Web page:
Compared to many other manufacturing operations, stud welding is a relatively young technology. The first uses of stud welding didn’t occur until after World War I in the early 1900s. Early stud welding was used in composite construction to fasten wood to steel beams in the shipbuilding industry. Today, stud welding is still used in shipbuilding, but it’s also heavily utilized across multiple industries for a vast range of applications. As a fastening system, stud welding creates powerful connections quickly without needing access to two sides of a work surface and without leaving marks on the reverse side of the weld. If you’re working with any kind of stud welding process you can find all the supplies you need with Northland Fastening Systems (NFS).
Stud Welding Supplies
NFS provides a complete supply of studs, welding tools, accessories, repair work, and the advice of our own expert technicians. The reach of the stud welding process across industries is broad, and we work with many customers to help them complete all kinds of projects.
Stud Welding Process
The full scope of stud welding as a manufacturing operation includes the following industries:
- Automotive: For cars and other vehicles, stud welding is used to install heat shields, power steering components, electrical routing, insulation, exhaust components, instrumentation, trim, hydraulic system components, and more.
- Infrastructure: Because the stud welding process can install shear connectors that combine steel to concrete, it can be used for large-scale infrastructure, such as roads, bridges, piping, conduits, drainage systems, and more.
- Construction: Stud welding is often used to build multistory buildings, such as apartments, offices, municipal buildings, and even skyscrapers.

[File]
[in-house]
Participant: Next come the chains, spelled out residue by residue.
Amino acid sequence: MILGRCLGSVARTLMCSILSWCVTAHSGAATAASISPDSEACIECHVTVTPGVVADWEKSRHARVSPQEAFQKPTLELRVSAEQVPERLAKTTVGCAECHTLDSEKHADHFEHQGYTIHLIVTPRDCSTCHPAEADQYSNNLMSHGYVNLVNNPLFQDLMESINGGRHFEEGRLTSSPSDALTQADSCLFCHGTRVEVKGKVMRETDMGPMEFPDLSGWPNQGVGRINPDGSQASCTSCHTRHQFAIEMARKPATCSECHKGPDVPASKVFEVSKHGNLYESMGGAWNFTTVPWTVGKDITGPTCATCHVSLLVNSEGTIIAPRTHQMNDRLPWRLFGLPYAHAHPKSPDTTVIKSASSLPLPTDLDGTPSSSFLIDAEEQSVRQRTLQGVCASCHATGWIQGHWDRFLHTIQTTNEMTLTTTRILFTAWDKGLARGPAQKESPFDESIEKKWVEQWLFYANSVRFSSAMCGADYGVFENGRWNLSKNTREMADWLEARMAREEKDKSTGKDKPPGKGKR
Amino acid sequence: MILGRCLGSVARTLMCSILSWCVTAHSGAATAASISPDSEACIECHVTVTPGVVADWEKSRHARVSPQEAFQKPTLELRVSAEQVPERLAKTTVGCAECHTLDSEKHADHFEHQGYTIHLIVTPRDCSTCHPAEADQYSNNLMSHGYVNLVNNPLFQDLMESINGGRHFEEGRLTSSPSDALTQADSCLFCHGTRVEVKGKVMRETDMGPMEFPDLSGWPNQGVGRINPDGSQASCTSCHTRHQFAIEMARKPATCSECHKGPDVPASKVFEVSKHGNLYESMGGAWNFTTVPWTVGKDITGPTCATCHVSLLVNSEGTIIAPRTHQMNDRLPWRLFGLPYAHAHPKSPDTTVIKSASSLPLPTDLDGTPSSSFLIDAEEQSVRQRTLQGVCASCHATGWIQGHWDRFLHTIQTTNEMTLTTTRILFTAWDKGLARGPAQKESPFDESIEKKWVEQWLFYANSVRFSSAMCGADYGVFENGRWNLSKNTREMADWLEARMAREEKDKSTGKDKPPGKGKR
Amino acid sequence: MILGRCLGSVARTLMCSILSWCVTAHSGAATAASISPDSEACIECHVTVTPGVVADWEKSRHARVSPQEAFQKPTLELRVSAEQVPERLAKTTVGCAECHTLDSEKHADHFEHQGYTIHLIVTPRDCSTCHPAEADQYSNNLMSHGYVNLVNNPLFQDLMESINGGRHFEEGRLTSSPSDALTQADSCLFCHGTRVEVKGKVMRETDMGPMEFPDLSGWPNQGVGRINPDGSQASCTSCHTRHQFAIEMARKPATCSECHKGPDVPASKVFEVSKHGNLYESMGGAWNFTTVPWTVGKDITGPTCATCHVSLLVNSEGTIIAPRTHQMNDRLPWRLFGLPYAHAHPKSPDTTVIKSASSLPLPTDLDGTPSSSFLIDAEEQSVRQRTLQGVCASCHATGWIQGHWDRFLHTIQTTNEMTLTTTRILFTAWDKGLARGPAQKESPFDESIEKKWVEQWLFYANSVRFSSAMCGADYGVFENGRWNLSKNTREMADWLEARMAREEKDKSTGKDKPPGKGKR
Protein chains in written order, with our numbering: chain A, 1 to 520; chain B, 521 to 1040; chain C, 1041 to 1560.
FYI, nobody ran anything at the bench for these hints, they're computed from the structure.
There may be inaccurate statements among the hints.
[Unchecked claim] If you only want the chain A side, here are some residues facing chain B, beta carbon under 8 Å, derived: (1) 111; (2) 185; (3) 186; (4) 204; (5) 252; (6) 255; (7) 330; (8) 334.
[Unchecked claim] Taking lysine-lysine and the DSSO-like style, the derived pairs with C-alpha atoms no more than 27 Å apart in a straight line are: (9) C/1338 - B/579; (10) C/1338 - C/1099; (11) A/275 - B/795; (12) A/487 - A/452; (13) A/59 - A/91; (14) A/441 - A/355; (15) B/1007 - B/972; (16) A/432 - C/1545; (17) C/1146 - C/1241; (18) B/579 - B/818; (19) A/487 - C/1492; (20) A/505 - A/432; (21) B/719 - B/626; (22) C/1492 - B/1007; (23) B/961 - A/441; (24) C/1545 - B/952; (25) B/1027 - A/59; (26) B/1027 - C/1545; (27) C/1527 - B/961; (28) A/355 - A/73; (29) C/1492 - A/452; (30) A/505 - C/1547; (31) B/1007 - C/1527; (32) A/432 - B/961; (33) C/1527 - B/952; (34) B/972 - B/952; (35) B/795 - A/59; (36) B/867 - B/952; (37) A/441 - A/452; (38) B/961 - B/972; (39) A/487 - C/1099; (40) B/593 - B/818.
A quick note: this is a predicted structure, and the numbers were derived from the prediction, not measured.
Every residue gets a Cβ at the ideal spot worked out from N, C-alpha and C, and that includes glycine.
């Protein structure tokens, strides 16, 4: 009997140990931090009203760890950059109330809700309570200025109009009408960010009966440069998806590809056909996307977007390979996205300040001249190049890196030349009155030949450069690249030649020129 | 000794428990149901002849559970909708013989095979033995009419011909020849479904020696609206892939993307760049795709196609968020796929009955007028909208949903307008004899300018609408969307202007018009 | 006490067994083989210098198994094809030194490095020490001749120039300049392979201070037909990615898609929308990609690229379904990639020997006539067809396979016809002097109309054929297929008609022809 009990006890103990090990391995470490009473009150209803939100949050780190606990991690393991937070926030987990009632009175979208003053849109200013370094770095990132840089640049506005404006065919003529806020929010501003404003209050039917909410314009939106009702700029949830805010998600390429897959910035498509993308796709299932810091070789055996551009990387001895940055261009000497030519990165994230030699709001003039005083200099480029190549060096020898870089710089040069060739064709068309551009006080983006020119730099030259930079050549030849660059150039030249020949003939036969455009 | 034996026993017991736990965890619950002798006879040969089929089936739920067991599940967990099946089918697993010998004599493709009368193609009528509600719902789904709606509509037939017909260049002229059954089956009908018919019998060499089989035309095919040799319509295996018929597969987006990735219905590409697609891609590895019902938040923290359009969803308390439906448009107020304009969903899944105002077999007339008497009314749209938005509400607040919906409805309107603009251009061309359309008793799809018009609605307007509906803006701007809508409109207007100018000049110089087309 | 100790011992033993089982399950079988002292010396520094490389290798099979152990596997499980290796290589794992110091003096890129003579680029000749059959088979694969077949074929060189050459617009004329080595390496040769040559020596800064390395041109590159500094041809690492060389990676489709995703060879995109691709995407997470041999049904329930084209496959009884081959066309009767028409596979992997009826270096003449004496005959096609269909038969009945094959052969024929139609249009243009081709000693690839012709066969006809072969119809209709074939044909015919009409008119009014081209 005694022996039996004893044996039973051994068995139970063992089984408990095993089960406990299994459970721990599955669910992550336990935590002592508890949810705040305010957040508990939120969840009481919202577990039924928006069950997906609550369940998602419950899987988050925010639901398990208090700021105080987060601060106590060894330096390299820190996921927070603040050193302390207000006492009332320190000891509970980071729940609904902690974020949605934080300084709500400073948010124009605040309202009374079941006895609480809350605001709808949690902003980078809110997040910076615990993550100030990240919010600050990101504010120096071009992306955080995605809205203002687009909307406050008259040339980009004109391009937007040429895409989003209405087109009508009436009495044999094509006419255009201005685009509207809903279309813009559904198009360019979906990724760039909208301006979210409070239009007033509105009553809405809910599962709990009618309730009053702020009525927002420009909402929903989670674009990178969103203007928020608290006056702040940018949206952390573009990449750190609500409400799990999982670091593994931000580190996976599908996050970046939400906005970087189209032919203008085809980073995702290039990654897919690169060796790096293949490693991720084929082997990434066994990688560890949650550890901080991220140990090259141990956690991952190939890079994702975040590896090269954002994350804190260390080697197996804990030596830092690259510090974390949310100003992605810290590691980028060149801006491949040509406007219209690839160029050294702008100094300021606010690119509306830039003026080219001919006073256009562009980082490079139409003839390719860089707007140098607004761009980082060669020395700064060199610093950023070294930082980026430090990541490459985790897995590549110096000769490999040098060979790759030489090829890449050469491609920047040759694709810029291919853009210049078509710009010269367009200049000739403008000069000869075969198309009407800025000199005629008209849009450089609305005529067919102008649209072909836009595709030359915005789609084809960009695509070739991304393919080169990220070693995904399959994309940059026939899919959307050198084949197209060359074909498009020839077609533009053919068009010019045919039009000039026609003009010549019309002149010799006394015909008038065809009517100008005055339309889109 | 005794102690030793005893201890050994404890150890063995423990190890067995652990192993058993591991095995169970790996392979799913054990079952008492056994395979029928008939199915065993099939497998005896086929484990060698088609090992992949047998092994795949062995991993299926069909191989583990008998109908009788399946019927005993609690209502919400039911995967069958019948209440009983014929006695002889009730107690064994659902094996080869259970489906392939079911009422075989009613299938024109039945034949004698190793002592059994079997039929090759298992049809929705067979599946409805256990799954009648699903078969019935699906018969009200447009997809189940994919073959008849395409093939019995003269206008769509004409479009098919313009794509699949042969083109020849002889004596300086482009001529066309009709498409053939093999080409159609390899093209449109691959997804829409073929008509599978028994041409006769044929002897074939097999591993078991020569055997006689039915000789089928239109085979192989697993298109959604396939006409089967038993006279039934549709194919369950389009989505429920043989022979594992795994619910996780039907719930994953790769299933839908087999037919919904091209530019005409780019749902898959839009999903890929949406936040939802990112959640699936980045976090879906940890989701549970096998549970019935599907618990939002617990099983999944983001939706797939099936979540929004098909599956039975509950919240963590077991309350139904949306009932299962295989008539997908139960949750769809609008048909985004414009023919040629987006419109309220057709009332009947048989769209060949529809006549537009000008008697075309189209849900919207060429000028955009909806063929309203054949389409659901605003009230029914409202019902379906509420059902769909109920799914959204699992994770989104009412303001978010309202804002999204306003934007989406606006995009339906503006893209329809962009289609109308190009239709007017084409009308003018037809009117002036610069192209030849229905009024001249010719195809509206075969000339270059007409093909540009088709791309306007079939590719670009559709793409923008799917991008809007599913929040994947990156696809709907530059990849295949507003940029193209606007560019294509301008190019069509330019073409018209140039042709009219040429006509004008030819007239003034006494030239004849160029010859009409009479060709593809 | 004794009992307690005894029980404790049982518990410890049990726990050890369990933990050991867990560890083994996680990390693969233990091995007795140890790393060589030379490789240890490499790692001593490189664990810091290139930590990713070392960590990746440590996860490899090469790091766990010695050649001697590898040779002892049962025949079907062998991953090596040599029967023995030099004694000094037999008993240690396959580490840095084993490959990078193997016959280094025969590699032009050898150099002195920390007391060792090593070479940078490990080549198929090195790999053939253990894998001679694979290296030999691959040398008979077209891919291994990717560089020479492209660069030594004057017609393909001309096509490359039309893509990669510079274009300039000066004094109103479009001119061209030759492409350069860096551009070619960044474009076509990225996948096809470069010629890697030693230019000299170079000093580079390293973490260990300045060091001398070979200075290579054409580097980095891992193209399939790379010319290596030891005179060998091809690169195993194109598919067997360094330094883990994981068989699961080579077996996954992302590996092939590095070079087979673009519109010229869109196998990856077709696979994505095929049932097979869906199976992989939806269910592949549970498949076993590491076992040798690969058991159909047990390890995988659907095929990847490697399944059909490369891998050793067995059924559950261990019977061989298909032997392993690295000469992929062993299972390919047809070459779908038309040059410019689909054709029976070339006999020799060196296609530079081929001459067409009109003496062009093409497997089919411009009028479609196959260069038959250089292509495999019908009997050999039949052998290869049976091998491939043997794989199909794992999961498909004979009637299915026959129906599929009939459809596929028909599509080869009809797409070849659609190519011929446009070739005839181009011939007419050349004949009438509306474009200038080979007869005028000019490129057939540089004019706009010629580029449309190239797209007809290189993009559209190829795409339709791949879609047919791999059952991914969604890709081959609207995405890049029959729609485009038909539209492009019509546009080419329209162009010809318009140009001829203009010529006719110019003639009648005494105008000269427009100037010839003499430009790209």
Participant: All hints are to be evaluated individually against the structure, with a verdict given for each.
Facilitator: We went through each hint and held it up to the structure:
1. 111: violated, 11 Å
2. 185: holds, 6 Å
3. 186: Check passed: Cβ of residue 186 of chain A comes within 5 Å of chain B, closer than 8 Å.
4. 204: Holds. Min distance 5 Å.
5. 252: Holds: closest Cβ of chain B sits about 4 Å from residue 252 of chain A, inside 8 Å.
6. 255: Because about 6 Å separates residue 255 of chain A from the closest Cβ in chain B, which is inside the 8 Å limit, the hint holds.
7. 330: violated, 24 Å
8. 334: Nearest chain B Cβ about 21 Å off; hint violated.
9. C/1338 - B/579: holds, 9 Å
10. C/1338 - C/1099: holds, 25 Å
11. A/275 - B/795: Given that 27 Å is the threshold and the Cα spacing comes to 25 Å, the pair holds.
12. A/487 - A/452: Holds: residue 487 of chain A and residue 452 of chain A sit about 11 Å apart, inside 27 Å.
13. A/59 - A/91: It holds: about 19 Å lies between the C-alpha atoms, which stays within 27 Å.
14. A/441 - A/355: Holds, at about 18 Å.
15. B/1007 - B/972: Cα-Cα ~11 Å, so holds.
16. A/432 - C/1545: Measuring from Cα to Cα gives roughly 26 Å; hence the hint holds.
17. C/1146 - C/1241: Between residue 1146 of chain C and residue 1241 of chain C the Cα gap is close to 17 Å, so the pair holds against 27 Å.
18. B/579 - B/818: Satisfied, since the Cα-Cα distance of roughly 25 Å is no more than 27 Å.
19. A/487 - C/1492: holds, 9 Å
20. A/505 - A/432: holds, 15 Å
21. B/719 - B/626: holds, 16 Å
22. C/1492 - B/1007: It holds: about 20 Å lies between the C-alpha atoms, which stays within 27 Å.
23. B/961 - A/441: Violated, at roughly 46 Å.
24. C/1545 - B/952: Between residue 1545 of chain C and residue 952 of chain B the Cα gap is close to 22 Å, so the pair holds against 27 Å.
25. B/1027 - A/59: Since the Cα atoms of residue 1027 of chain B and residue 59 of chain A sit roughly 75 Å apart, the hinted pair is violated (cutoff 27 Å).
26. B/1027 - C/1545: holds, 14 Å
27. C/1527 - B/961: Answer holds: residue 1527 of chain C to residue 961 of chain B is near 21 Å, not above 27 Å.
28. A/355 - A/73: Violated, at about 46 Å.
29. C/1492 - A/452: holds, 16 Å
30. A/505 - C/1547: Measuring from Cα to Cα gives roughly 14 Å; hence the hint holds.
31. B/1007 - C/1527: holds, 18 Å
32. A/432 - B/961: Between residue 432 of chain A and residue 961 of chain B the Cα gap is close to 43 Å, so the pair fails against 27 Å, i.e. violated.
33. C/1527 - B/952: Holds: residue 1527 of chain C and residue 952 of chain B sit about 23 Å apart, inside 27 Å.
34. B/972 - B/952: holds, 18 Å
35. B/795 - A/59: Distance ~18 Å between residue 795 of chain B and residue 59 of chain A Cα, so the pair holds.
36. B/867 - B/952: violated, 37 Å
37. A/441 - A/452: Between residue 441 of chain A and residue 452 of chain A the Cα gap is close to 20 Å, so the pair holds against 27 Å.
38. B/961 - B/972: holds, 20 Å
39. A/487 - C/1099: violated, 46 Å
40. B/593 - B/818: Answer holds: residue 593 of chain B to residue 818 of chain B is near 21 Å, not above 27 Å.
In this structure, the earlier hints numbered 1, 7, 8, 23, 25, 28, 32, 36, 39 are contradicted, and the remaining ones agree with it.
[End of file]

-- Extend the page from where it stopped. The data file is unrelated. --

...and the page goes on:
- Agricultural equipment: Farming equipment relies on stud welding for the installation of many parts, including brackets, cabs, spreaders, threshers, fenders, hoses, shrouding, and more.
- Appliances: Both large and small appliances are often built using the stud welding process. Commercial and residential dishwashers, refrigerators, washing machines, stoves, microwaves, ovens, and many other common appliances are built with studs.
- Shipbuilding: Ships of all sizes are built with stud welding to this day.
- Electronics: From hydraulic lines and transformers to terminals and enclosures, many electronics are built with studs.
- Industrial: Signs, cover plates, enclosures, controls, and floor indicators are some examples of industrial equipment made with stud welding.
- Furniture: Many metal furniture items are made with studs, such as filing cabinets, shelving, racks, and desks.
- Lawn and garden: Lawn mowers, seeders, tractors, and some other gardening and landscaping equipment are built with stud welding.
- Power and energy: Transformers, tanks, transducers, and other energy equipment use studs as fasteners.
- Cookware: Pots and pans, utensils, and other kitchen supplies are built with food-grade stud welding.
- Jewelry: Pins and thin studs can be used for decorative purposes like jewelry.
- Hardware: Tool handles, interior design hardware, brackets, and other systems can be installed with stud welding.
- Doors: insulation doors, escutcheon plates for door knobs, and some commercial doors are installed with studs.